apr 282010
 

I First Things mainummer kan man lese en interesssant artikkel om konsekvensene av kunstig prevensjon, som Den katolske Kirke reserverer seg mot, men der den (stort sett) ikke har klart å argumentere særlig fruktbart for sitt syn overfor samfunnet som helhet. Her er et nytt og lovende forsøk:

Economists and other social scientists have written extensively about the impact that contraception has had on modern sexual relationships. Almost without exception, the academic establishment makes the claim that contraceptive technology is a social good. By contrast, the Catholic Church (and until recent decades the Christian establishment generally) asserts that the practice of contraception is, in fact, directly contrary to the health of individual families and to society as a whole.

The difference between these two perspectives on an issue that is central to human sexuality—and therefore human existence—is striking. But meaningful debate between the two camps has been almost nonexistent. Certainly, part of the reason for this has been an unwillingness on the part of secular social scientists to engage in honest dialogue. But an equally large part of the blame for the nonengagement should be laid at the feet of Catholics. With a few notable exceptions, the Catholic perspective has not been taken seriously by Catholics themselves. Nor, in the cases when it has, has it been articulated using the language of social science, which is the language of the mainstream. As a result, the difference in viewpoint on an issue that is central to the human person is treated by our culture as a case of faith and reason talking past each other.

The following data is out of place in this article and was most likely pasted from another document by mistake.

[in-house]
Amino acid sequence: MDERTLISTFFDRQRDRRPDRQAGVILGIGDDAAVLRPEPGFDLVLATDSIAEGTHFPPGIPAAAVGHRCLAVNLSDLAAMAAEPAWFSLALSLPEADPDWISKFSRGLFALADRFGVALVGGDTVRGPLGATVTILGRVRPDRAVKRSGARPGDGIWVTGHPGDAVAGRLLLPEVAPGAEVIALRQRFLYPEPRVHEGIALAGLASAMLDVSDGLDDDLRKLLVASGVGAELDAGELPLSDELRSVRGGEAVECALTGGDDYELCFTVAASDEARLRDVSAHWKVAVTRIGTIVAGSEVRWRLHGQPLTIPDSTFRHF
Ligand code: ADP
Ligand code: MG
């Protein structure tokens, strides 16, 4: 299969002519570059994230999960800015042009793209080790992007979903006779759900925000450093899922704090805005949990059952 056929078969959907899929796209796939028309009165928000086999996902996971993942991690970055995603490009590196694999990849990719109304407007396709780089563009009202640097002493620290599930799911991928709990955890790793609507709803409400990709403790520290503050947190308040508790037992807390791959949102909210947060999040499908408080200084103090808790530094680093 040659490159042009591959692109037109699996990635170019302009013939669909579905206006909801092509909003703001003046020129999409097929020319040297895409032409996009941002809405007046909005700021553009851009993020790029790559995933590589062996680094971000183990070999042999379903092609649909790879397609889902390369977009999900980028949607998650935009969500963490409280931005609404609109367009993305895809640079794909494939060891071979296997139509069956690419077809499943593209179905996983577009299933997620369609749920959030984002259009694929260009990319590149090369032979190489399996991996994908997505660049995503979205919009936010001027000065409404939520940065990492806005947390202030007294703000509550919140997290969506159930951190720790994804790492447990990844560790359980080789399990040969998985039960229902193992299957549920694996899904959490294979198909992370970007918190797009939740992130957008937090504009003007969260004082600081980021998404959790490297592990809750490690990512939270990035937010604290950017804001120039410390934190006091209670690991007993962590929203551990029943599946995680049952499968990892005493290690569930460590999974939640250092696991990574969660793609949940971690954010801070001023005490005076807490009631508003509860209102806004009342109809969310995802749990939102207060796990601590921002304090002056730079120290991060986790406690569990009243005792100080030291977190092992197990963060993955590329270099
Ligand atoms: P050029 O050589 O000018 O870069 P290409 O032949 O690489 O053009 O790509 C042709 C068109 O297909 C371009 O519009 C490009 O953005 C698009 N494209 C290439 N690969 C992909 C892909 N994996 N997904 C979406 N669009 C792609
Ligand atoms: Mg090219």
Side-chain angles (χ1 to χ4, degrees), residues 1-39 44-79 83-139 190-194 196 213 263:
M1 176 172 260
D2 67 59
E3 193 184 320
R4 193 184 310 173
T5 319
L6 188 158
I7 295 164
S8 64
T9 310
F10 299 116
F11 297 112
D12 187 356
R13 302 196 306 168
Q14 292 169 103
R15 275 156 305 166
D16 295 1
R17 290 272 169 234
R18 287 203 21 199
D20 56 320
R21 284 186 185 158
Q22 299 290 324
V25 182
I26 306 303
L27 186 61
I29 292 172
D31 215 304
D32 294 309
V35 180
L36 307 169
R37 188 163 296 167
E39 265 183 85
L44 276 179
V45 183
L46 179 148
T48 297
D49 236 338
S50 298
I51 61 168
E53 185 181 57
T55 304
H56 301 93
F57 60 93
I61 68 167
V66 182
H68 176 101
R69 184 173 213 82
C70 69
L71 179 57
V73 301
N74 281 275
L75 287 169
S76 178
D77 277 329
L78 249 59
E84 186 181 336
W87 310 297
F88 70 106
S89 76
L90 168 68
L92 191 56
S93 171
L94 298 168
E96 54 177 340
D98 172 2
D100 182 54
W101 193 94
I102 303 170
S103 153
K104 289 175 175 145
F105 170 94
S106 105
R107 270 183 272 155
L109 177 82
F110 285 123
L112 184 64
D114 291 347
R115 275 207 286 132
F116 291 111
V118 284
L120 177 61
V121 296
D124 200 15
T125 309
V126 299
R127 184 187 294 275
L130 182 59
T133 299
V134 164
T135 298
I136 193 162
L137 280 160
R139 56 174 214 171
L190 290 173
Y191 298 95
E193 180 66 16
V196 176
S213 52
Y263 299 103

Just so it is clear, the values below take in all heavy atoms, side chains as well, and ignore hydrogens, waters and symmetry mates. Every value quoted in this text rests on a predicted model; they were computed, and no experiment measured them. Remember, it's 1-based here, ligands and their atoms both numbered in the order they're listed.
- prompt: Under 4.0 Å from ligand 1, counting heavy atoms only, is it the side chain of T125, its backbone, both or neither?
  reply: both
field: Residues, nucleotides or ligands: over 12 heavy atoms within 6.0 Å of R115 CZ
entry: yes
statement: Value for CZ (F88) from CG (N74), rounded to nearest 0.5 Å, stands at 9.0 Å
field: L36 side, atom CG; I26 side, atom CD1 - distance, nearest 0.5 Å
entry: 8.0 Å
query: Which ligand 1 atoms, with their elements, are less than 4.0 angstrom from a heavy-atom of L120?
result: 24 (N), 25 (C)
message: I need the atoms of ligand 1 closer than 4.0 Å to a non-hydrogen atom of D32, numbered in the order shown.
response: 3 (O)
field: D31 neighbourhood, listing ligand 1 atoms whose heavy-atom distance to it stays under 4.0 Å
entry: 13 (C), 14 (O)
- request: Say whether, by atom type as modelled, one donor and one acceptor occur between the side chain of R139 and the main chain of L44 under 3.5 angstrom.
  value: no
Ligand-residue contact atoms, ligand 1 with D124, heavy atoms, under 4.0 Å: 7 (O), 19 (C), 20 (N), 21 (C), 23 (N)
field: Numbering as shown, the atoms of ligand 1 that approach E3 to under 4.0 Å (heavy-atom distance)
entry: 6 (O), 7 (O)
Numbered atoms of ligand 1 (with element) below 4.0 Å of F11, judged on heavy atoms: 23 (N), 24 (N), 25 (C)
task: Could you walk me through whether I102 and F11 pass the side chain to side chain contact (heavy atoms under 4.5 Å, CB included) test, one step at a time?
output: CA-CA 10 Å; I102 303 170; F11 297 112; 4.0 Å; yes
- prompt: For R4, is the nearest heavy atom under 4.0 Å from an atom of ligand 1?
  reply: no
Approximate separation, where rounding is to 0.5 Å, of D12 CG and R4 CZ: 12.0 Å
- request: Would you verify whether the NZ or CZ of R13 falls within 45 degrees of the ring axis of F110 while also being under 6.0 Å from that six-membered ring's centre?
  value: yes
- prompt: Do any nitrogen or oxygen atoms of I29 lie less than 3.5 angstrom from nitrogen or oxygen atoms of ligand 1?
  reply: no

With this essay, using the language and tools of modern social science, I will articulate the position that contraception is socially damaging. I will also demonstrate that contraception is in fact a sexist practice. … …

… What are the social processes that should be logically included under the rubric of contraception? First and foremost, contraception divides what was once a single mating “market,” wherein men and women paired in marriage, into two separate markets—a market for sexual relationships that most people now frequent during the early phase of their adult lifetimes (I will refer to this as the “sex market”), and a market for marital relationships that is inhabited during the later phases (I will refer to this as the “marriage market”).

Obviously, contraceptive technology provides the assurance that participation in the sex market will not result in pregnancy. It therefore lowers the costs of pre-marital and extramarital sexual activity below the level necessary for a separate sex market to form. … …

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